How many stocks to buy
Let's say you have $100,000 of allocated capital that you want to buy in this recession.
Remember I said if the index drops 40%, you’ll use half of it to buy the first batch of stock.
With $50,000 you can start buying some stock like maybe, Amazon, Tesla, Google, Apple, whatever you want. Till the $50,000 is used up.
If the index drops to 50% mark, you can fire off the remaining $50,000 in buying the remaining stocks that you want.
Maybe the similar stocks that you have bought previously, but now at a better price or it might be some other new stocks that you know you didn't manage to buy earlier.
Again, it's all up to you.
My suggestion is to try to make things easier if you have a $100,000 of capital, and let’s say you want to buy 10 stock, then simply put $10,000 in each stock.
You can get fancy, overweight certain sectors and buy more stocks within that sector or buy more heavily towards that stock.
But that’s where the idiosyncratic risk comes, where you never know what the management of the company's doing behind the scenes. You don't have such information.
My suggestion is just kind of like spread out your bets, you won’t know what happens.
When to sell the stocks
I am not an investor at heart. I'm a trader at heart, I'm not going to devour research papers, fundamental news of the company to see when it’s a good time to buy.
Here are some guidelines on when to sell:
Sell 50% when it reaches near the previous highs
Let’s say Amazon before the crisis is trading at $1,000 and now prices drop to a low of $500 or $400.
When you buy it at that price it rallies near the previous high of about $1000, you can sell half of it and you keep the remaining half.
Sell the remaining 50% when the stock closes below the 200-week moving average
Because you have no idea how far this could go.
Maybe the economy is going to a long-term bull market. All stocks are being lifted along the way. You're now trailing your stop loss to ride the trend as long as possible.
What you can do is to sell the remaining 50% when a stock closes below the 200-week moving average.
This way you are giving a buffer to ride further to the upside.
But whatever the case is half of it is in the bank, you’ve already booked that profit. Technically it’s risk-free to you.
Again, I'm not a fundamental person, I'm not going to study a research paper nor read the quarterly earnings. I'm just going to follow a simple technical analysis and ride the stock till the weekly candles close below the 200-week moving average.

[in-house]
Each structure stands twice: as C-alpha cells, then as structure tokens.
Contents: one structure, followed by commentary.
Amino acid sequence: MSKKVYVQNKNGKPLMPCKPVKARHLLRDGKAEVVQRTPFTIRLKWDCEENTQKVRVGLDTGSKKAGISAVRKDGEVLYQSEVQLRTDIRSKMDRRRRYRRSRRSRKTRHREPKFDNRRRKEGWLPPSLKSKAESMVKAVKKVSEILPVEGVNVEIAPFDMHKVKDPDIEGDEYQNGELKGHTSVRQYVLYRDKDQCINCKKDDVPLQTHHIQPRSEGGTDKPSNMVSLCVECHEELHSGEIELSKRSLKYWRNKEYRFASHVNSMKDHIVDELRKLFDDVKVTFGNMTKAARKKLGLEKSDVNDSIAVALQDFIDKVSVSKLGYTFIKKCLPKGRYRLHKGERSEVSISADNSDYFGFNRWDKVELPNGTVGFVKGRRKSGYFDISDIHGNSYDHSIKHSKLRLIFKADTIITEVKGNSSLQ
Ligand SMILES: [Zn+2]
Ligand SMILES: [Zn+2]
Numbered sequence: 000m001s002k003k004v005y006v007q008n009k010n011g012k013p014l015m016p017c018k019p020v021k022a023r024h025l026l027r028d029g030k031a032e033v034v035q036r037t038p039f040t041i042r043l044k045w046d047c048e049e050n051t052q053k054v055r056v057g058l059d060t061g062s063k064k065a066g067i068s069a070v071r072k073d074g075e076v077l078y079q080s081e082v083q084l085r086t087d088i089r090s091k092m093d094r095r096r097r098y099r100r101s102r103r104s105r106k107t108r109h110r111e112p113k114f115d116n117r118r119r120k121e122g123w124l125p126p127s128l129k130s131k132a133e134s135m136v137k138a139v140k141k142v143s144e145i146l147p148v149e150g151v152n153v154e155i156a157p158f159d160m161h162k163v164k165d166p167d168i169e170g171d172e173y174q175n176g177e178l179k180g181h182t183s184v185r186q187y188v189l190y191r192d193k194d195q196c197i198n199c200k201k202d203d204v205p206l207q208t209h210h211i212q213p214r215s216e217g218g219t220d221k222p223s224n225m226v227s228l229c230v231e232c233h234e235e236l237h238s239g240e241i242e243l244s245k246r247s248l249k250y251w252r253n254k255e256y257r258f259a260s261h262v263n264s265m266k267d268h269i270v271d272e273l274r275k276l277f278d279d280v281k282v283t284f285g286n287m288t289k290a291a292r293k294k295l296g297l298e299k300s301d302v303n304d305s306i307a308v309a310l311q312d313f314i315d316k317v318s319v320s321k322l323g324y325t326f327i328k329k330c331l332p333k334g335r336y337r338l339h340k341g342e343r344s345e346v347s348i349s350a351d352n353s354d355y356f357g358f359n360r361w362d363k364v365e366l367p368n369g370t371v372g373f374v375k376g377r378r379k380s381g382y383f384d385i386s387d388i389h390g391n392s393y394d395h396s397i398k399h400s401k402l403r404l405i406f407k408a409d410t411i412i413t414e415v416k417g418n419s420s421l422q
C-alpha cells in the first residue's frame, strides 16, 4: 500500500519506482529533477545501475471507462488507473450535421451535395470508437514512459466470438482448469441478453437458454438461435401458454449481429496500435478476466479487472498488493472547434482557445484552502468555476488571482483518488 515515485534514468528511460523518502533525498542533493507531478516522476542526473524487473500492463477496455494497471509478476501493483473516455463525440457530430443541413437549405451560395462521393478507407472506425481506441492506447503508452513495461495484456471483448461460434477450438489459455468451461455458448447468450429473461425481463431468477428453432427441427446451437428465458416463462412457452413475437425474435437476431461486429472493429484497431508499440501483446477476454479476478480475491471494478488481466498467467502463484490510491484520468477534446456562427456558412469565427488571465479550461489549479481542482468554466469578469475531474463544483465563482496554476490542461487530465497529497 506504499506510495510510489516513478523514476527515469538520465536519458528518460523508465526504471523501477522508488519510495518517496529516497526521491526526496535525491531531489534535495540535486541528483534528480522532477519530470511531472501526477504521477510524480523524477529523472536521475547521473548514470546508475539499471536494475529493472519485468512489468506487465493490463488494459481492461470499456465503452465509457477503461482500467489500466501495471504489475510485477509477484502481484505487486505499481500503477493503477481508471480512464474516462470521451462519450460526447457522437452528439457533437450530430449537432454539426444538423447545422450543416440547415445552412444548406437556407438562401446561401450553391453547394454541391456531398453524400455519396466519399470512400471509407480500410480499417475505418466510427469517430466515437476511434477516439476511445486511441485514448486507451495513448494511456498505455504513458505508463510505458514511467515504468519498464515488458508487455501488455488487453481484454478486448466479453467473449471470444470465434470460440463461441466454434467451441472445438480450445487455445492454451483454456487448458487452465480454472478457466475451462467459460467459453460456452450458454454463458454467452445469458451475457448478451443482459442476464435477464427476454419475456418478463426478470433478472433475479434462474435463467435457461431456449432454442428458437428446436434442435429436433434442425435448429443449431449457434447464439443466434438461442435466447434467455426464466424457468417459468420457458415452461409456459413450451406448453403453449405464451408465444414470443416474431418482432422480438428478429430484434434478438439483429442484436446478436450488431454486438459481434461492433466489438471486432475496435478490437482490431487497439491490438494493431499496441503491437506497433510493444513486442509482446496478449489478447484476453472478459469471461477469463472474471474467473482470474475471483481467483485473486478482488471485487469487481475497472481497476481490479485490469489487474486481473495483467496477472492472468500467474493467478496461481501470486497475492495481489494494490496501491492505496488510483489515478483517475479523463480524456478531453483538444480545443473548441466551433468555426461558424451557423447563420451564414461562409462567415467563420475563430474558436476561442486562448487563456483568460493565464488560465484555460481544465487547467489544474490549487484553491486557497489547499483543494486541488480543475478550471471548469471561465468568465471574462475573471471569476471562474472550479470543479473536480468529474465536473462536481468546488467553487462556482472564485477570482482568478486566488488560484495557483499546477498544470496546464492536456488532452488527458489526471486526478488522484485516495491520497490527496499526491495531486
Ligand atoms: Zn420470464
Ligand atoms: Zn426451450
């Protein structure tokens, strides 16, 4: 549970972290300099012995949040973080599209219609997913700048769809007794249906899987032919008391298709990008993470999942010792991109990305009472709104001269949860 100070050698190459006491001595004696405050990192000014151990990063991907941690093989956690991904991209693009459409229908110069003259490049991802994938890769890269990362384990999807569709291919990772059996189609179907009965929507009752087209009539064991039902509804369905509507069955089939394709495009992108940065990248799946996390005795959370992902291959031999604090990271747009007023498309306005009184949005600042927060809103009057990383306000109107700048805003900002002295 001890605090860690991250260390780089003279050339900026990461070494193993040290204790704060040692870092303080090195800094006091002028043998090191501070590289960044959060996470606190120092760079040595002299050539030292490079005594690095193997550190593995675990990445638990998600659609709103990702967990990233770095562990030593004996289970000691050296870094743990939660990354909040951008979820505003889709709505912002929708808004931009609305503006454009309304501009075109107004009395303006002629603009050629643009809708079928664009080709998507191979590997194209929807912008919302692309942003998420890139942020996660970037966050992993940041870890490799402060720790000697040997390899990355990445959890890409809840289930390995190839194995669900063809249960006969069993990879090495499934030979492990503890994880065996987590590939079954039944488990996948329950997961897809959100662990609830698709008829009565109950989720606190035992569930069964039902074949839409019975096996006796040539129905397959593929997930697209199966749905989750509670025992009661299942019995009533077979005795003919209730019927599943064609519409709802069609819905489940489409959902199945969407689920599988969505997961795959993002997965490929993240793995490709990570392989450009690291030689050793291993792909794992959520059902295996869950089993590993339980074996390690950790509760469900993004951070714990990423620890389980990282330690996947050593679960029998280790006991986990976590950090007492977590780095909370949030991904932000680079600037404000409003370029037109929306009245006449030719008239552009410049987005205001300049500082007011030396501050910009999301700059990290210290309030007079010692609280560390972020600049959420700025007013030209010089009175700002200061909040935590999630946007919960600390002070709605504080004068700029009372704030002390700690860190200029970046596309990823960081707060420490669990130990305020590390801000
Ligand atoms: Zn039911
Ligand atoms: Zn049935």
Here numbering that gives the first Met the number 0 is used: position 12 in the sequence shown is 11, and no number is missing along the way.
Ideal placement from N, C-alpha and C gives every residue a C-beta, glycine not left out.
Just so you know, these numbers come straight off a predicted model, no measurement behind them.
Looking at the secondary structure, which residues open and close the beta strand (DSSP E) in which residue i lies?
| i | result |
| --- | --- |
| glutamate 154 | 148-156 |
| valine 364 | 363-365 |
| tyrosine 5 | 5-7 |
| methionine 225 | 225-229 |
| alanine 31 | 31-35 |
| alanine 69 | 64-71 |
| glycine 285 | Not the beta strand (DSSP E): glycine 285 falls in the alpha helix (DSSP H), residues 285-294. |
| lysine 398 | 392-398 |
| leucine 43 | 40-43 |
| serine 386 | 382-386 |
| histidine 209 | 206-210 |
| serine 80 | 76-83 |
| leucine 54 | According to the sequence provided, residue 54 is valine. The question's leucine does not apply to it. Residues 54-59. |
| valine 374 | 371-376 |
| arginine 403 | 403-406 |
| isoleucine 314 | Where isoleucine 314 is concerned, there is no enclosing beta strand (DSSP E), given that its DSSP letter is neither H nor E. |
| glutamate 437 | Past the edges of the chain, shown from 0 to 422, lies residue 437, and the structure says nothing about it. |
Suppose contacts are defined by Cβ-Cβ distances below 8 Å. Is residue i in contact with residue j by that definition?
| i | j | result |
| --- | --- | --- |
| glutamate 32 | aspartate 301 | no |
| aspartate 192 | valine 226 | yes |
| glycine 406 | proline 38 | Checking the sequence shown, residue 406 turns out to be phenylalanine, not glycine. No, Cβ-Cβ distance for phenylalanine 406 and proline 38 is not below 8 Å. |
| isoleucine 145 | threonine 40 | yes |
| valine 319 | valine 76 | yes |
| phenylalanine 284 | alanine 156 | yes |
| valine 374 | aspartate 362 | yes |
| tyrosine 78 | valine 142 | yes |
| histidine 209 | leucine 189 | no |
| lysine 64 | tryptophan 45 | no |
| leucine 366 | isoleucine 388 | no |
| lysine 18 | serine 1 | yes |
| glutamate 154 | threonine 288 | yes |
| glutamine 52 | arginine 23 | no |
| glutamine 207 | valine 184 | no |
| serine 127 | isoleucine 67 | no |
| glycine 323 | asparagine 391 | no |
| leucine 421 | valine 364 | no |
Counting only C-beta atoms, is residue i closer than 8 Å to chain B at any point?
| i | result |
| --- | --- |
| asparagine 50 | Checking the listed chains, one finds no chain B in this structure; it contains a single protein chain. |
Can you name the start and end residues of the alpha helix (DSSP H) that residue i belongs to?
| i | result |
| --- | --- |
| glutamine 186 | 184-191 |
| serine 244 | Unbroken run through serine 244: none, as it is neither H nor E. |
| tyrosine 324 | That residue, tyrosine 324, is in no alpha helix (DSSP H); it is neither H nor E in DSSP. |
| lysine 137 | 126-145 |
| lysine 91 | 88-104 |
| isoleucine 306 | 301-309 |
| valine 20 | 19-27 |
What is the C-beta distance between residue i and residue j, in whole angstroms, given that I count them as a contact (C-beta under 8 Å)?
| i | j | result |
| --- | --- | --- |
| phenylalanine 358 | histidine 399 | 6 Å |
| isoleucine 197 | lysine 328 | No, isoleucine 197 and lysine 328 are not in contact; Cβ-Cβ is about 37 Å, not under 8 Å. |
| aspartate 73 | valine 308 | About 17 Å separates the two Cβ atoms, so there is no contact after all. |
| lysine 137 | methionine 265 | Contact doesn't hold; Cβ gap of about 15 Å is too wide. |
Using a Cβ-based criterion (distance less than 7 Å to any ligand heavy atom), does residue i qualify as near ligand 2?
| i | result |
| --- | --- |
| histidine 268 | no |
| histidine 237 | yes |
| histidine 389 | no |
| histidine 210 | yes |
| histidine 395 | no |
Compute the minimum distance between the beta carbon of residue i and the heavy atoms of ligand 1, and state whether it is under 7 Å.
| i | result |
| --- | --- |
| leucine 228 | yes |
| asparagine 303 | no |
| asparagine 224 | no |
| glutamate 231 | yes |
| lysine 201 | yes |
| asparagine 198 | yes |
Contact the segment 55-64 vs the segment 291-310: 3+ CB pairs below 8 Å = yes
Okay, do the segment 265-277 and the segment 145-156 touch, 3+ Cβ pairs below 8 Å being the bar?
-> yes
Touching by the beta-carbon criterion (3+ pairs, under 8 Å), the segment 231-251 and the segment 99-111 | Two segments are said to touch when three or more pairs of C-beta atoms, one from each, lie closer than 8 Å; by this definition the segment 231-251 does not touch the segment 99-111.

Here are some things to take note of:
1. Don’t invest with money you can’t afford to lose
I have no idea whether this is going to be a recession, whether you know you will be buying stocks over the next few weeks or the next few months.
The most important thing here is that you don't invest with money you can afford to lose.
If you have bills to pay, you have a mortgage payment, you have to put food on the table, don't borrow money to invest. Don't borrow money to trade.
Just because I share with you how I'm going to time the market doesn't mean that the market will bottom-out at 50%.
It might go in further to 60-80%, I have no idea.
If that's the case, if you're investing on margin, you’re going to get a margin call and sell all these quality companies at a time that you don't want to be selling because you're dealing or you're investing with money you can’t afford to lose.
So don’t do that.
2. Don’t sell too quickly
I know it can be tempting because in bear markets the rally is very quick and many investors buy at a really good price and the price goes up at 20%, they sell everything. They say, “Oh, wow, look at the amount of paper profits that I have, I'm so tempted to sell.”
And when they sell at 20% guess what? The stock goes up another 200%.
Don't let that happen to you, don't sell too quickly.
The guidelines that I've shared with you earlier, are meant to allow you to hold those winning stocks for as long as possible.
If you sell too quickly, then why go through all the emotional trauma just to earn 10-20%. It doesn't make sense.
3. You don't have to nail the bottom
You don’t have to nail the exact bottom to make money. Many investors are always trying to pick the exact bottom to make money.
But as I've shared with you earlier, even if you don't enter at the absolute bottom, you can enter at 10-20% around the bottom.
When a stocks rebound, the returns are still highly favourable. Don’t focus on nailing the exact bottom that you miss the entire move. Don't focus on the trees that you miss the entire forest.